# How do you find (dy)/(dx) given y+y^3=x^2?

Feb 24, 2017

$\frac{\mathrm{dy}}{\mathrm{dx}} = \frac{2 x}{1 + 3 {y}^{2}}$

#### Explanation:

When we differentiate $y$ wrt $x$ we get $\frac{\mathrm{dy}}{\mathrm{dx}}$.

However, we cannot differentiate a non implicit function of $y$ wrt $x$. But if we apply the chain rule we can differentiate a function of $y$ wrt $y$ but we must also multiply the result by $\frac{\mathrm{dy}}{\mathrm{dx}}$.

When this is done in situ it is known as implicit differentiation.

We have:

$y + {y}^{3} = {x}^{2}$

Differentiate wrt $x$:

$\setminus \setminus \setminus \setminus \frac{\mathrm{dy}}{\mathrm{dx}} + 3 {y}^{2} \frac{\mathrm{dy}}{\mathrm{dx}} = 2 x$

$\therefore \frac{\mathrm{dy}}{\mathrm{dx}} \left(1 + 3 {y}^{2}\right) = 2 x$

$\therefore \frac{\mathrm{dy}}{\mathrm{dx}} = \frac{2 x}{1 + 3 {y}^{2}}$

There is another (often faster) approach using partial derivatives. Suppose we cannot find $y$ explicitly as a function of $x$, only implicitly through the equation $F \left(x , y\right) = 0$ which defines $y$ as a function of $x , y = y \left(x\right)$. Therefore we can write $F \left(x , y\right) = 0$ as $F \left(x , y \left(x\right)\right) = 0$. Differentiating both sides of this, using the partial chain rule gives us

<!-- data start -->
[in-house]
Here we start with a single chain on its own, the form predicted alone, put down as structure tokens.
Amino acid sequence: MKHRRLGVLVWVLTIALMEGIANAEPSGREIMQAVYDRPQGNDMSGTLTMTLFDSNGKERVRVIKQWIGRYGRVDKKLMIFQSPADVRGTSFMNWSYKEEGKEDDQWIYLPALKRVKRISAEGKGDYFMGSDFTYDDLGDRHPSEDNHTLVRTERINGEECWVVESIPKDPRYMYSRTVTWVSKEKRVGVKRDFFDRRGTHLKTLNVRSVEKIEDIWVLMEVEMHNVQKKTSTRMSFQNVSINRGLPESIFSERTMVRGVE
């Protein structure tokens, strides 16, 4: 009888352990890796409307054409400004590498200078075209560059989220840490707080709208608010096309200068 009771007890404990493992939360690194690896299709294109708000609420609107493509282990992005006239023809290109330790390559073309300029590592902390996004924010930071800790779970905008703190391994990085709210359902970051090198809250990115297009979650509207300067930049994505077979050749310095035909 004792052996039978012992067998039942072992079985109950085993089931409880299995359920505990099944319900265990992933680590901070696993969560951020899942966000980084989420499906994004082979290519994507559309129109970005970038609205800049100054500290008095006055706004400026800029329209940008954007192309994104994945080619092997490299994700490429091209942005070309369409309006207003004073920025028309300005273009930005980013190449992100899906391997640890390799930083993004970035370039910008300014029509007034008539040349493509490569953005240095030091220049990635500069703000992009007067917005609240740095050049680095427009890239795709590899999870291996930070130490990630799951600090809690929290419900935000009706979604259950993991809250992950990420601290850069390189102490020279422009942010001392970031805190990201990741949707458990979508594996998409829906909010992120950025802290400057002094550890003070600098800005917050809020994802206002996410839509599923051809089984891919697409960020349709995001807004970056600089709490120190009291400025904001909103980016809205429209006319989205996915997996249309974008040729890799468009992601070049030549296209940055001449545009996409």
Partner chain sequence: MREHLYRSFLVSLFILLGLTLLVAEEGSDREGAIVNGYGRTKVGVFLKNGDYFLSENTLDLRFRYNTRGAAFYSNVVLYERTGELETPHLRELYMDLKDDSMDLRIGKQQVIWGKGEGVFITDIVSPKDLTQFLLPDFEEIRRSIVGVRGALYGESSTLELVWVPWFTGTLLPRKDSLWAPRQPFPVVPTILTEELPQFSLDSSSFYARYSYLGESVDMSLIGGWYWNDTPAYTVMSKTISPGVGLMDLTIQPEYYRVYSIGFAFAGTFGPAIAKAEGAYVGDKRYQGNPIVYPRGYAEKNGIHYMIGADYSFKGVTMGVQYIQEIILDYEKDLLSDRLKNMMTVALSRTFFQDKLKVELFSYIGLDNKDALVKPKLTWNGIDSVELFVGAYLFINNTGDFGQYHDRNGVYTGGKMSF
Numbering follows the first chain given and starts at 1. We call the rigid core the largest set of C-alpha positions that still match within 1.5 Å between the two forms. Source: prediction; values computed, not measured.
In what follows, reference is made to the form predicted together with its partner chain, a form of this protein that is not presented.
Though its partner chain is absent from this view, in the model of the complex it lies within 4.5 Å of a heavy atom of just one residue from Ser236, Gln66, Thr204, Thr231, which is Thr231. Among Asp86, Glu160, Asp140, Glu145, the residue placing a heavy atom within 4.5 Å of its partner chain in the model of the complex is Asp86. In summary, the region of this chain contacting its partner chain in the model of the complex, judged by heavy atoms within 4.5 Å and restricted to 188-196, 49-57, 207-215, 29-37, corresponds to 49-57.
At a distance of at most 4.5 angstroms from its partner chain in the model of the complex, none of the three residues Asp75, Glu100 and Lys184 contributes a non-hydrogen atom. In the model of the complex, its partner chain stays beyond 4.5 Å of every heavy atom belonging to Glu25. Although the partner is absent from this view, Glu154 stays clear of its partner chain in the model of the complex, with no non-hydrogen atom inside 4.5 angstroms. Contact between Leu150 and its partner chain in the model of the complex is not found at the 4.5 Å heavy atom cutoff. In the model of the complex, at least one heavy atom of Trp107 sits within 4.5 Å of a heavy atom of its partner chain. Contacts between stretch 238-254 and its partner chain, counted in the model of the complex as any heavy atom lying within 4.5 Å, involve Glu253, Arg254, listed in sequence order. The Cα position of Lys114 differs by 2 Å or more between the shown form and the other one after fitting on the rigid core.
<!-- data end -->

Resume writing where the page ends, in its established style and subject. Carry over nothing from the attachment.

(partial F)/(partial x) (1) + (partial F)/(partial y) dy/dx = 0 => dy/dx = −((partial F)/(partial x)) / ((partial F)/(partial y))

So Let $F \left(x , y\right) = y + {y}^{3} - {x}^{2}$; Then;

$\frac{\partial F}{\partial x} = - 2 x \setminus \setminus \setminus$ and $\setminus \setminus \setminus \frac{\partial F}{\partial y} = 1 + 3 {y}^{2}$

And so:

$\frac{\mathrm{dy}}{\mathrm{dx}} = - \frac{- 2 x}{1 + 3 {y}^{2}} = \frac{2 x}{1 + 3 {y}^{2}}$, as before.